However, these studies were performed mainly in Western populations. The difference in behaviors of RCC in different ethnic groups has been demonstrated . Although the nature of these variations and associated molecular basis is not demonstrated, it is reasonable to evaluate the efficacy of sunitinib on metastatic RCC in those of different ethnic backgrounds. Therefore, we perfomed this retrospective study to assess the efficacy and safety of sunitinib in Korean patients with metastatic RCC using an institutional treatment protocol.
The medical records of patients treated with sunitinib for metastatic RCC were retrospectively reviewed between September 2007 and December 2009. The inclusion criteria were as follows: histologically confirmed clear-cell RCC; metastases measurable on computed tomography (CT) or magnetic resonance imaging (MRI); a performance status of 0-2 based on Eastern Cooperative Oncology Group (ECOG) criteria. Patients were excluded if they had brain metastases. A total of 21 patients were found to fit the study criteria. Patient demographics, prior therapy, best responses, and relevant toxicities were obtained from medical records, and survival data were collected by telephone interviews. Risk factors associated with shorter survival were assessed according to the Memorial Sloan-Kettering Cancer Center (MSKCC) risk classification: a low serum hemoglobin level, an elevated corrected serum calcium level, an elevated serum lactate dehydrogenase level, a poor performance status, and an interval of less than 1 year between diagnosis and treatment .
Sunitinib was administered orally at a dose of 50 mg daily, consisting of 4 weeks of treatment followed by a 2-week rest period in cycles of 6 weeks (schedule 4-2). Dose reduction of sunitinib was allowed to 37.5 mg and then 25 mg daily depending on the type and severity of adverse events. Treatment with sunitinib was continued until the occurrence of disease progression, unacceptable adverse events, or patient withdrawal.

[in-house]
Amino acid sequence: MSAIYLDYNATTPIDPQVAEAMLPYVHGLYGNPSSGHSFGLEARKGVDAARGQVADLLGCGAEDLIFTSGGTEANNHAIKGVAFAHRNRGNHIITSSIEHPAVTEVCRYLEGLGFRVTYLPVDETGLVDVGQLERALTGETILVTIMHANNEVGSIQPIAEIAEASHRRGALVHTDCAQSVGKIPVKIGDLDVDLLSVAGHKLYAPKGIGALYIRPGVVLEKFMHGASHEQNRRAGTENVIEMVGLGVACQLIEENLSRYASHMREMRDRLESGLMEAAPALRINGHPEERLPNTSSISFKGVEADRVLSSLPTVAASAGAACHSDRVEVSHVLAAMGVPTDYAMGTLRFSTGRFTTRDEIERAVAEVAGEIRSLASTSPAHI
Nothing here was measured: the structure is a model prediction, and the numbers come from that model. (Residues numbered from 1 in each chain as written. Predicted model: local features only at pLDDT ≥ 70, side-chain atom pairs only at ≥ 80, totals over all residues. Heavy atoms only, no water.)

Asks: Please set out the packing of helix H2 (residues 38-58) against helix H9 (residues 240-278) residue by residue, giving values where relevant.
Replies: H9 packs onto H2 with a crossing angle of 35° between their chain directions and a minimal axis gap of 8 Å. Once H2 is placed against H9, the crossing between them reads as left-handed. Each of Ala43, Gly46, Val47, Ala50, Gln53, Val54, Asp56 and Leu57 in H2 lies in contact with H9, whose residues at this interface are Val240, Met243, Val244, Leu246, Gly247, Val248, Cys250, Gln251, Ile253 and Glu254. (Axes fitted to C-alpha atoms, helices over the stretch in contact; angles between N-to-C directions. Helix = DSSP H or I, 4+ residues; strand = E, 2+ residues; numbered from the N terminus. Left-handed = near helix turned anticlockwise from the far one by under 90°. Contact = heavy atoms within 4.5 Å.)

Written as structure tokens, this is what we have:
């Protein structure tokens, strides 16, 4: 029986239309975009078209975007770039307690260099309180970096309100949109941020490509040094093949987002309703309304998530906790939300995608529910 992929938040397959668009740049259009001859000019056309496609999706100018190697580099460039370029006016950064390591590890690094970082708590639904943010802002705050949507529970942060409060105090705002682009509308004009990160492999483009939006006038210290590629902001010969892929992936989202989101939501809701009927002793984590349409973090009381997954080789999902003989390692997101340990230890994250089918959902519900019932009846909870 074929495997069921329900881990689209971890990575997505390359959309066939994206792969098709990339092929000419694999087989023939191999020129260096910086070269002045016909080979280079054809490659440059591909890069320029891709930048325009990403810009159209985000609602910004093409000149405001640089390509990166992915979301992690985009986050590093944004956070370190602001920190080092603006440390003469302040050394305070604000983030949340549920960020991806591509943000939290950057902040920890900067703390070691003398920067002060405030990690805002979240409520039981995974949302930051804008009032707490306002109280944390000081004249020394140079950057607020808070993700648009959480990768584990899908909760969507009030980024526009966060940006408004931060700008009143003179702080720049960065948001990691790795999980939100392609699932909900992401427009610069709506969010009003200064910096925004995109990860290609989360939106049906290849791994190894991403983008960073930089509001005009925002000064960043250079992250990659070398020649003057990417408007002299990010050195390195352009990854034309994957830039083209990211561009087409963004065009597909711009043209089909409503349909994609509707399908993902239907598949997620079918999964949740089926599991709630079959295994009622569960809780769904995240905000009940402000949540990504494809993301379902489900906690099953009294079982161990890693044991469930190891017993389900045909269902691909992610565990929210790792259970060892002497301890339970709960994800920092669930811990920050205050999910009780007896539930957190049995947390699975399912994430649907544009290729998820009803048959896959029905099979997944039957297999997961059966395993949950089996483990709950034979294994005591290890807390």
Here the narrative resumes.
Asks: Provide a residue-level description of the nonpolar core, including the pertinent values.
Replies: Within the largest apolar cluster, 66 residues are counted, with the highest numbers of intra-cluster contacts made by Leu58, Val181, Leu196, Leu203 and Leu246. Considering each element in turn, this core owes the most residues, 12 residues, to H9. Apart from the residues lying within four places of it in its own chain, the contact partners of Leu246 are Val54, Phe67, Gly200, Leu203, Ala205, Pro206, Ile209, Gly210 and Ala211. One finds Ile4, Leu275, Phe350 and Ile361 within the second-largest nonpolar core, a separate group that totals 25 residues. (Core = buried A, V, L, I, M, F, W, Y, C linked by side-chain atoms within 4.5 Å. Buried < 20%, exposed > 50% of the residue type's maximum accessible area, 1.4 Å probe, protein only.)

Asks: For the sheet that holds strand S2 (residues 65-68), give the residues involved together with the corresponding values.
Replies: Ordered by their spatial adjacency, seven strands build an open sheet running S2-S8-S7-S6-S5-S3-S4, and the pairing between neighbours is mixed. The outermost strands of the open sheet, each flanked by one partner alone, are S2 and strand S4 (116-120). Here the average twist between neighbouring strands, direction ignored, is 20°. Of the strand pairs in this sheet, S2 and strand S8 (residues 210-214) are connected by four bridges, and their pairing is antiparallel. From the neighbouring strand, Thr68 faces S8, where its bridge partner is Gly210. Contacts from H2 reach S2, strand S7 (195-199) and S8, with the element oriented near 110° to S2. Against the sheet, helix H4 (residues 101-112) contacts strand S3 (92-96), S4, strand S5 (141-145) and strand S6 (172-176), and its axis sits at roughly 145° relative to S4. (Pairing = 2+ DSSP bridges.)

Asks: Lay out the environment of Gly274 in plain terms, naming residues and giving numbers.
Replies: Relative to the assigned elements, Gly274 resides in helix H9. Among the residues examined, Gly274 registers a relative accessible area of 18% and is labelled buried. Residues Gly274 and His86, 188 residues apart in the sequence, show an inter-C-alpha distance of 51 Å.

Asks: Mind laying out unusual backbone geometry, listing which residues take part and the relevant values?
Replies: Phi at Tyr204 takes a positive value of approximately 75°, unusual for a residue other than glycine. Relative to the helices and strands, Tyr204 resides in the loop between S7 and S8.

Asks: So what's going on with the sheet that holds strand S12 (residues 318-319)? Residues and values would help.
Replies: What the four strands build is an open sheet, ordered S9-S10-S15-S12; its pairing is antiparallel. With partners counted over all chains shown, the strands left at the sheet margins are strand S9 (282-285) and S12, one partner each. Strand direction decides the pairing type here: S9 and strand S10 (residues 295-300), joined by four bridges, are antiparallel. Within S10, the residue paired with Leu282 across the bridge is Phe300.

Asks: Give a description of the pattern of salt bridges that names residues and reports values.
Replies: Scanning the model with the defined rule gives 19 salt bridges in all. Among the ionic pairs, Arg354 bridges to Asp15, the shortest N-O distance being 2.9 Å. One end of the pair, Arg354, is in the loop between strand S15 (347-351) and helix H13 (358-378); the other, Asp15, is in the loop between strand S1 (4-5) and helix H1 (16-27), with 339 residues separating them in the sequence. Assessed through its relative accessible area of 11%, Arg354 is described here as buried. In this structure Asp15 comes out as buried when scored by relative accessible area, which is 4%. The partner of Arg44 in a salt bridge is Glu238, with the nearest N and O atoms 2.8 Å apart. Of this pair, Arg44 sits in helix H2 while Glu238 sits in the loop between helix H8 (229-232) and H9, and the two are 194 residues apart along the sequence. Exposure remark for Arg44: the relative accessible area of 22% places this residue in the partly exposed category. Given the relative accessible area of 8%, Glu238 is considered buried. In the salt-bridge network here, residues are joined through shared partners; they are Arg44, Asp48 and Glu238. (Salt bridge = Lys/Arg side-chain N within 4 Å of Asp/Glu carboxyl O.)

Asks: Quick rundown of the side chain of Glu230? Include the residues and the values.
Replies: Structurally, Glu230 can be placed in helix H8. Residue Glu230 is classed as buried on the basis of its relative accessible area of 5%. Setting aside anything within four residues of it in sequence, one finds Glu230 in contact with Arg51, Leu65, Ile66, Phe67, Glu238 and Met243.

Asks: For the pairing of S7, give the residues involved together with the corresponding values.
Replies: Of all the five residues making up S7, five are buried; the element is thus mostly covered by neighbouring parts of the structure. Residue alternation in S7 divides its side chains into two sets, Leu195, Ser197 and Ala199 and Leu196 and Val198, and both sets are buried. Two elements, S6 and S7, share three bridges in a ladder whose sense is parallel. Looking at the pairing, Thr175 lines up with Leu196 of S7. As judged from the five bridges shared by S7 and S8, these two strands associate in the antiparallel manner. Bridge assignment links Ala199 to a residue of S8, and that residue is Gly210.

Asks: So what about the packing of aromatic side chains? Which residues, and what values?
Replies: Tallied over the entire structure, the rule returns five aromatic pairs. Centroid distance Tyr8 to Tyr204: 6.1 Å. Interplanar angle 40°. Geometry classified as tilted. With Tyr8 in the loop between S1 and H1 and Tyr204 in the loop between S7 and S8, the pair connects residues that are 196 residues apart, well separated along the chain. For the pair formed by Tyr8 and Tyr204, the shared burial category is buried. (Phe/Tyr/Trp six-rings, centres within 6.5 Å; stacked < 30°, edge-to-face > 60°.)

The primary end point of this study was the objective clinical response (complete response, partial response, stable disease, or progressive disease), assessed by Response Evaluation Criteria in Solid Tumors (RECIST) using regular physical examinations, CT/MRI, and bone scans (if bone metastases were present at baseline) after each cycle for the first 4 cycles thereafter until the end of treatment . The secondary end points were progression free survival (PFS) and overall survival (OS) rates. PFS was defined as the time from the start of treatment to the date of progressive disease or death. OS was defined as the time from start of treatment to death or the date at which patients were last known to be alive.
The adverse events secondary to treatment were evaluated at each visit according to the National Cancer Institute Common Terminology Criteria for Adverse Events (CTCAE, version 3.0).
Estimates of median PFS and OS were calculated using the Kaplan-Meier method, and 95% CIs were considered statistically significant. All statistical analysis was done using SPSS, version 11.0.